With all the emphasis these days that’s placed on combing through the piles of potentially invaluable data that resides within an enterprise, it’s possible for a business to lose sight of the need to turn the discoveries generated by data analysis into valuable actions.
Sure, insights and observations that arise from data analysis are interesting and compelling, but they really aren’t worth much unless they can be converted into some kind of business value, whether it’s, say, fine tuning the experience of customers who are considering abandoning your product or service, or modeling an abuse detection system to block traffic from malicious users.
In this customer-driven world, more and more businesses are relying on data to derive deep insights about the behavior and experience of end users with a business’ products. Yet end user logs, while interesting, often lack a 360-degree view of the “context” in which users consume a business’ products and services. The ability to analyze these logs in the relevant context is key to getting the maximum business value from big data analysis.
Basic contextual analysis requires a little TLC: Time, Location and Channel.
Here are some quick and easy steps from the guys at Apigee on turning your data science into a business science.
3 ways to turn data science into business science
Arm your data scientists with the business context
Ensure that your data scientists do not work in isolation and that they interface and work very closely with the business owner and the product managers. Data scientists need to understand the business drivers, business critical issues, and the enterprise and product strategy.
Aneesh Chopra, the first-ever federal CTO, says the evolution of application programming interfaces (APIs) will continue to open up government data in accessible, machine-readable formats.
The launch of government data portals has done wonders for transparency efforts, but according to former U.S. CTO Aneesh Chopra, application programming interfaces [APIs] have an important role to play in making government information more useful to citizens.
Aneesh Chopra, former U.S. chief technology officer, has found a new way to stay involved in government. Apigee announced Friday Chopra is joining its advisory board to give guidance as the company expands into new markets, including a new office in Washington, D.C.
If you’re a Gen-Xer like me, you might remember the first time you visited the World Wide Web in the early ‘90s. It was like a whole new magical world inside your computer. Right from your desk, you could go to the library and access tons of information, you could got to a newsstand and get the latest headlines, and you coud go to ta store and buy stuff and have it shipped to your house. It was a revolution in consumption of information, service and products. And, as I recall, it was a huge time suck. We all become so enamored with the experience that we never wanted to leave. Our obsession with the Web became the preoccupation of businesses, whidh all were clamoring to establish a Web presence and tap into this market. The Web economy was born.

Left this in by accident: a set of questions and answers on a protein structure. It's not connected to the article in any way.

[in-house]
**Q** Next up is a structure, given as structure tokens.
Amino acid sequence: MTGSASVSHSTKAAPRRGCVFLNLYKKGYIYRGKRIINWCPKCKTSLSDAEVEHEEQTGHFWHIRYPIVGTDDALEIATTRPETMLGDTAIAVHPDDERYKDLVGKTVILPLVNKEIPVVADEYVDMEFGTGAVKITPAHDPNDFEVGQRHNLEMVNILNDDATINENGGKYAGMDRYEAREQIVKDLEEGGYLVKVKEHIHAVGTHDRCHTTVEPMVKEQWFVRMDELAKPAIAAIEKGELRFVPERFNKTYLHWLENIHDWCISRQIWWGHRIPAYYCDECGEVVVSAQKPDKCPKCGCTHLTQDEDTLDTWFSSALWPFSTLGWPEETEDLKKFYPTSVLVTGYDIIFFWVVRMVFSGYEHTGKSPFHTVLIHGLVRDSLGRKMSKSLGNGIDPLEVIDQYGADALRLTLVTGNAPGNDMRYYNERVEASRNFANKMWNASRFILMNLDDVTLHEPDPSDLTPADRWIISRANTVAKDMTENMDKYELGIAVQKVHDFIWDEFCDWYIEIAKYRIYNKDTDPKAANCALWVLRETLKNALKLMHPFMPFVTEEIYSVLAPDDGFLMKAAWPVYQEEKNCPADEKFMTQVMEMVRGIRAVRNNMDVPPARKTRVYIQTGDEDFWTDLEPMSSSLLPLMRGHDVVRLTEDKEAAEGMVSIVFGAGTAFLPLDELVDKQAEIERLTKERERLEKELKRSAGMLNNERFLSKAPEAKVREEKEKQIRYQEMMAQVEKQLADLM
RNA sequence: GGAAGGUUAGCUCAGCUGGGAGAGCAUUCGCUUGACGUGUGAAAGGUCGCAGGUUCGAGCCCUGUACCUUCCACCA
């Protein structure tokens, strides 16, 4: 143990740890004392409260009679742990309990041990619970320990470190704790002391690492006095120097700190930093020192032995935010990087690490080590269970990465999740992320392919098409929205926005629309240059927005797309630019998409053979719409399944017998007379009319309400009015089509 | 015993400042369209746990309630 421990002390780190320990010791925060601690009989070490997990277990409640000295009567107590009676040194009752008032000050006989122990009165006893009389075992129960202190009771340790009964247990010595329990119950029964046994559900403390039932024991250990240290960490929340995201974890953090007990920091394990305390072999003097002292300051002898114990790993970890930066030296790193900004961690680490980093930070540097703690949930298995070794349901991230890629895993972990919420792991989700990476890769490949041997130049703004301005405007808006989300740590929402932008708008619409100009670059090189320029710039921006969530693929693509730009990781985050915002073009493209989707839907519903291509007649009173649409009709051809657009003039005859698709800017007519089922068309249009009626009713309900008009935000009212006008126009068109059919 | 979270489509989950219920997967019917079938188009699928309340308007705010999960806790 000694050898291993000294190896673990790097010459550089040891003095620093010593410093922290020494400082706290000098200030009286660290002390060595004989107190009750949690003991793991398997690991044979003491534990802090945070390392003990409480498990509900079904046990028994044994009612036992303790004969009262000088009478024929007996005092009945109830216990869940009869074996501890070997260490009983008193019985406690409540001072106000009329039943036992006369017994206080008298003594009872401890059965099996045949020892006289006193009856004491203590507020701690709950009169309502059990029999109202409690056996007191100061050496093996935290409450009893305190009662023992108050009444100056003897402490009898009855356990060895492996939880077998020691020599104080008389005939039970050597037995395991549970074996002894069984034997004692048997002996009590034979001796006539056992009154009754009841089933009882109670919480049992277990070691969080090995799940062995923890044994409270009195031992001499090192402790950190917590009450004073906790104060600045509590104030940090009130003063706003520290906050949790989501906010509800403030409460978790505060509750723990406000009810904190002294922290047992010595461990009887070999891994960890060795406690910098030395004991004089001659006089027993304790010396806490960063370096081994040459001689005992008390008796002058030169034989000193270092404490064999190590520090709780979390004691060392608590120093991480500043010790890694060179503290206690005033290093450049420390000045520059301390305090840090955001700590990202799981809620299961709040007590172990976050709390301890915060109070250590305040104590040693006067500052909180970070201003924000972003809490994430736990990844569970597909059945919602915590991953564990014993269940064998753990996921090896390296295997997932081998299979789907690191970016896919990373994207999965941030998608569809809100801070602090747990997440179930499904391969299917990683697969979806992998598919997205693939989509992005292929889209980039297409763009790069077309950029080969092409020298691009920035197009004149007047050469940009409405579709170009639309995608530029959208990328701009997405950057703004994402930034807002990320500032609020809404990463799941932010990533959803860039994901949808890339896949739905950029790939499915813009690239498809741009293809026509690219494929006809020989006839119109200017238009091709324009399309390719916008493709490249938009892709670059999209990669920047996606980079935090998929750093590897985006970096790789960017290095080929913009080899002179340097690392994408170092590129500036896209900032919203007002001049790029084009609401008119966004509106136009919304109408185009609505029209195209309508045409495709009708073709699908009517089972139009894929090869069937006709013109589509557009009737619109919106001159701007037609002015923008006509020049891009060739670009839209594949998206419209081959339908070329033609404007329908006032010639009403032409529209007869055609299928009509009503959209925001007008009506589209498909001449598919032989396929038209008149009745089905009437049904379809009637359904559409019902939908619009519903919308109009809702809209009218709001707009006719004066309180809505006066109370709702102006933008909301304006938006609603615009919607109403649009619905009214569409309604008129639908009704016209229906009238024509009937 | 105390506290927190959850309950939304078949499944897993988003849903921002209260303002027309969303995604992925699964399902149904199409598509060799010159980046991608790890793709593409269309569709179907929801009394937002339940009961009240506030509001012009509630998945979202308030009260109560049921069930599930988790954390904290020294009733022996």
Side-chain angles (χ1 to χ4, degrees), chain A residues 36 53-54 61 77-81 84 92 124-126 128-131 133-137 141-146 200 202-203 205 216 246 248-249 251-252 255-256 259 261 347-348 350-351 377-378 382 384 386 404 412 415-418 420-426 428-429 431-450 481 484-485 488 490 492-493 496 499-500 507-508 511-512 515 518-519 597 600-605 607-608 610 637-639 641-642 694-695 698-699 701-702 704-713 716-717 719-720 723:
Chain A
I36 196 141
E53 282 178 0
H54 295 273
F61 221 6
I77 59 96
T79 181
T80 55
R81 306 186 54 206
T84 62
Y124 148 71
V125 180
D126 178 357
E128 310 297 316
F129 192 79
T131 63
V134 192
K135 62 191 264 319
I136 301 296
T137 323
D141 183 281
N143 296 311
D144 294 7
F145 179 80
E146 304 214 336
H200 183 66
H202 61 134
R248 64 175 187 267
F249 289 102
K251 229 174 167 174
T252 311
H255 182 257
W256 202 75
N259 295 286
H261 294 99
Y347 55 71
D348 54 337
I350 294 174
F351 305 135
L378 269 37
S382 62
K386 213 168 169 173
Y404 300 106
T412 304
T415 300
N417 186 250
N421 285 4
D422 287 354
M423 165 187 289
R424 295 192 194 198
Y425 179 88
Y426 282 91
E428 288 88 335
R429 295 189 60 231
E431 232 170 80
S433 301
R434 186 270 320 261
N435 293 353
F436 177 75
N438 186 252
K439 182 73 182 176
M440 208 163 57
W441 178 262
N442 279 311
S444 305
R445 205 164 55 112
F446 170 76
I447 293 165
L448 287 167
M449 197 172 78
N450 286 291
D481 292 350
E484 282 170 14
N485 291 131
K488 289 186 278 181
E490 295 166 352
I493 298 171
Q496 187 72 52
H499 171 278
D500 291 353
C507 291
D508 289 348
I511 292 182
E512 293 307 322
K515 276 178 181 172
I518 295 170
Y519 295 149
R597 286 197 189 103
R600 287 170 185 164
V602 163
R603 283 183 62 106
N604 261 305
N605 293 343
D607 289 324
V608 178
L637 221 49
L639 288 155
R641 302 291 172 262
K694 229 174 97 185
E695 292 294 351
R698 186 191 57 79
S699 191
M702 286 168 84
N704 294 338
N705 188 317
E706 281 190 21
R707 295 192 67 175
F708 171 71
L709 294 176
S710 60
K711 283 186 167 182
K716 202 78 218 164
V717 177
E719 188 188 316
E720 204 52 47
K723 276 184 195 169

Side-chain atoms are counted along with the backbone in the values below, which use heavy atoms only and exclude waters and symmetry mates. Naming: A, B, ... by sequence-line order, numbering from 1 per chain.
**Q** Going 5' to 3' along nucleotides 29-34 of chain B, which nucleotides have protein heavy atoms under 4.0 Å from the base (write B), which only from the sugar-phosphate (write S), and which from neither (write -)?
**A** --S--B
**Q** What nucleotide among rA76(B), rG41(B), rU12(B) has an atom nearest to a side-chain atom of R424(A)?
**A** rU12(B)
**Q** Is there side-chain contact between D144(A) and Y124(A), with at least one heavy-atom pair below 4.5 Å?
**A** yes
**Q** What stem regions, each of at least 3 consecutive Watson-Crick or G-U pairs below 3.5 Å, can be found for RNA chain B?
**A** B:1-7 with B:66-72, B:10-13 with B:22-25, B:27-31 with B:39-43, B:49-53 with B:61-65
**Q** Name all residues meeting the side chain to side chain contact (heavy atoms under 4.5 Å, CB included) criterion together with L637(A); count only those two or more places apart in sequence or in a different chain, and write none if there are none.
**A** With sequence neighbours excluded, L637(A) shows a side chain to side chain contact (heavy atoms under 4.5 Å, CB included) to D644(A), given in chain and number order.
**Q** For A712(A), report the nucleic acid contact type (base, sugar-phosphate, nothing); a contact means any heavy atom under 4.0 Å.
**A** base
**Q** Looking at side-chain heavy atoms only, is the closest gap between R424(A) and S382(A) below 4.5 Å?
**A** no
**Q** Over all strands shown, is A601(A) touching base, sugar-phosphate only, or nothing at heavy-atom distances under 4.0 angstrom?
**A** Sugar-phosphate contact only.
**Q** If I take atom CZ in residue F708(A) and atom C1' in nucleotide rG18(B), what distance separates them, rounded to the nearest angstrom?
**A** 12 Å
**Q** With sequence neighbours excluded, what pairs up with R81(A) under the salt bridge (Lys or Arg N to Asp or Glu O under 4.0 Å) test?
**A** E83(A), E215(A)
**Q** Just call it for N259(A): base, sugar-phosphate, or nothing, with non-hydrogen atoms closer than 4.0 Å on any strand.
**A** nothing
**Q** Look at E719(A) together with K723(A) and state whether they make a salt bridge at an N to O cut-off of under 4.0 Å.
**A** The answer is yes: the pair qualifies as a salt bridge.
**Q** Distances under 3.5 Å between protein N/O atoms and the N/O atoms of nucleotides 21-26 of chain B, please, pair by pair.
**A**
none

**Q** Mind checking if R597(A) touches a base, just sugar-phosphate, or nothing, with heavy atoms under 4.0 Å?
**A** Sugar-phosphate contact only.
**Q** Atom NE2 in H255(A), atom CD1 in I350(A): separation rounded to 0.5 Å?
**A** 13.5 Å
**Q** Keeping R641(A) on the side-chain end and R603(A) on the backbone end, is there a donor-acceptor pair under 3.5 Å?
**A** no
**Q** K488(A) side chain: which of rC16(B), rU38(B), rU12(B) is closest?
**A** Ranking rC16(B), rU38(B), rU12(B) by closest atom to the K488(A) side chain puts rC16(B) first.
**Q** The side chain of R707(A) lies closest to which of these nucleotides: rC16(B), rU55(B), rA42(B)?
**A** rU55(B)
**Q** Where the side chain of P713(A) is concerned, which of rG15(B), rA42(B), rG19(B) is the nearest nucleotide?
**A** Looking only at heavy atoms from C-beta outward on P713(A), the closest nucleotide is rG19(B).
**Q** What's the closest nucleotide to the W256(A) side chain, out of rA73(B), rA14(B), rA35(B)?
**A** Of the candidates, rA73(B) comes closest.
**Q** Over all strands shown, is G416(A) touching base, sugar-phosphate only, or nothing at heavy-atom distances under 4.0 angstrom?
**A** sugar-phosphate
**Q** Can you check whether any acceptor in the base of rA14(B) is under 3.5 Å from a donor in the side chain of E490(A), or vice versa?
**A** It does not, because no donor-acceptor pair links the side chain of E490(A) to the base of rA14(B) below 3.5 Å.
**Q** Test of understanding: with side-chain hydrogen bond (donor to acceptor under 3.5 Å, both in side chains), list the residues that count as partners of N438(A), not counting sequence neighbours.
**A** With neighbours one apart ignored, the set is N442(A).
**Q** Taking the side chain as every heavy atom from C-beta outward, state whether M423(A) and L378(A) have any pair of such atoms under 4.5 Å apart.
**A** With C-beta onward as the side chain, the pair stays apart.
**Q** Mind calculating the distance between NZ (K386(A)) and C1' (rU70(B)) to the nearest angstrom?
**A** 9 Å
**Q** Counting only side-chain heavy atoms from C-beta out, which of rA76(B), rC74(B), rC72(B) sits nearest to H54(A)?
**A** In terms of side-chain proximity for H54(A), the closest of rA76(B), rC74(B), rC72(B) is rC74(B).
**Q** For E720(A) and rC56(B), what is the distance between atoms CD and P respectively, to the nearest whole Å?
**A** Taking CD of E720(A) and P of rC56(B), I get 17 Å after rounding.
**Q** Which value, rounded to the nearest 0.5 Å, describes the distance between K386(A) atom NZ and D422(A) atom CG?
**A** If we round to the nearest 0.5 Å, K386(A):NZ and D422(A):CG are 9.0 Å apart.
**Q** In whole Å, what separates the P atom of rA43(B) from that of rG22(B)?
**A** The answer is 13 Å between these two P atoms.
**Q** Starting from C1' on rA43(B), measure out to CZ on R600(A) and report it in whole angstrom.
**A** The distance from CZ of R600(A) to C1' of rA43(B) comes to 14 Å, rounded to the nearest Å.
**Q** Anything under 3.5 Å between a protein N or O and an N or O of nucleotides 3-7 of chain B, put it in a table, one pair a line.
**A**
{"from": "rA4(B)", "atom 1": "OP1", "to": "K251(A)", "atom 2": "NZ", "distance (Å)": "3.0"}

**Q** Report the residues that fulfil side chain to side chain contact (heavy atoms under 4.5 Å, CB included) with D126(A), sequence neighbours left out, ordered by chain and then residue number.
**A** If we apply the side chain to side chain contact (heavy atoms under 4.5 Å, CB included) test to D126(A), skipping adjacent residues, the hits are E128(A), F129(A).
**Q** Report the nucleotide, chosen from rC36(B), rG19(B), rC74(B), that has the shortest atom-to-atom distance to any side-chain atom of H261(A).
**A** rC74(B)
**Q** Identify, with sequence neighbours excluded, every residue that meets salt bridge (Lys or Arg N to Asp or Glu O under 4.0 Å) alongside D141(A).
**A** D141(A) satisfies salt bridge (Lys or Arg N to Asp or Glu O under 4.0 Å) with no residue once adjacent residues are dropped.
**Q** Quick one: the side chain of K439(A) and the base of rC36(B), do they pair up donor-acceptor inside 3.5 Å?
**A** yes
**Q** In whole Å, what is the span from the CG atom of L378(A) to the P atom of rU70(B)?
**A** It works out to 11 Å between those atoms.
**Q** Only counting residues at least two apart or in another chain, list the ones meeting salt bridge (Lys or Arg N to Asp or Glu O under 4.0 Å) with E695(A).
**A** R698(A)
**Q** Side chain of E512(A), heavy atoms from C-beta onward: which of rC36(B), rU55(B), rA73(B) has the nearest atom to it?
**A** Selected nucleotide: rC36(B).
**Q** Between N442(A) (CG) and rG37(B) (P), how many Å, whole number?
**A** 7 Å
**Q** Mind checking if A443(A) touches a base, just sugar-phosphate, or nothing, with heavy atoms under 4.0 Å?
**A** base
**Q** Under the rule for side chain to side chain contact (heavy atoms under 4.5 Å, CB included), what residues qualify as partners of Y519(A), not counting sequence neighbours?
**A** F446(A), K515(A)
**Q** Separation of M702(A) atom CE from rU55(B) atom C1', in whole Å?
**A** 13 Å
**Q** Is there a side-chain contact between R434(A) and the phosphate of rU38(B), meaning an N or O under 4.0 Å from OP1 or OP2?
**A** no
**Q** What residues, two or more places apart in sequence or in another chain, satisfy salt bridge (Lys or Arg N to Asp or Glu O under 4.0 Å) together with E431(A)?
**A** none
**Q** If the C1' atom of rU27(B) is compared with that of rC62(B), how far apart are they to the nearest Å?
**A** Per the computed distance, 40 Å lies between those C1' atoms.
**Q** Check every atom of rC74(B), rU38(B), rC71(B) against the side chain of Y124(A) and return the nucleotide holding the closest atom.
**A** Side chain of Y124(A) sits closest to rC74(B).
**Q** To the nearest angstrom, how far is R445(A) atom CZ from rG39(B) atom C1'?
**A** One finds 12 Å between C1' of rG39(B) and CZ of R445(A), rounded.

Apigee CEO, Chet Kapoor, discusses the move to mobile and the company’s expansion plans in the A/NZ channel.Silicon Valley-based Apigee recently opened its offices in Australia, picking up three new clients running its application program interface (API). CEO Chet Kapoor took the time to discuss the company’s expansion plans with ARN.
The American enterprise is in flux and Google GOOG +1.03% is a great example of it. The vast majority of Google’s revenues comes from advertising but the majority of news around the company originates in its non-advertising activities – Chromecast, the Nexus tablet, the new Smartwatch, Project Loon and Google Glass, to name a few.
Cereal boxes? Streetlights? Tires? It’s time to get ready for a brave new world of connected things. Here are 10 everyday examples.
In the digital world, things are not always what they seem. Even the most ordinary and inanimate objects, everything from street lights to cereal boxes, are being transformed into software platforms that can be “programmed” to give us a limitless number of new ways to interact with them. Programmable things are also often able to understand us better, through sensors and data collection capabilities. This isn’t vaporware; the growing programmability of our world can be seen everywhere today.
In Part 2 of this 3 part series on the evolution of the API platform space, I spoke with Promod Haque of Norwest Venture Partners. His firm participated in Apigee’s recent $35 million round of funding, a company that makes an API platform. Some questions overlap between the interviews because I wanted to illuminate the similarities and differences in perspectives between an enterprise and an investor. Part 1 was Interview with Apigee CEO Chet Kapoor, on its $35 Million Funding Round.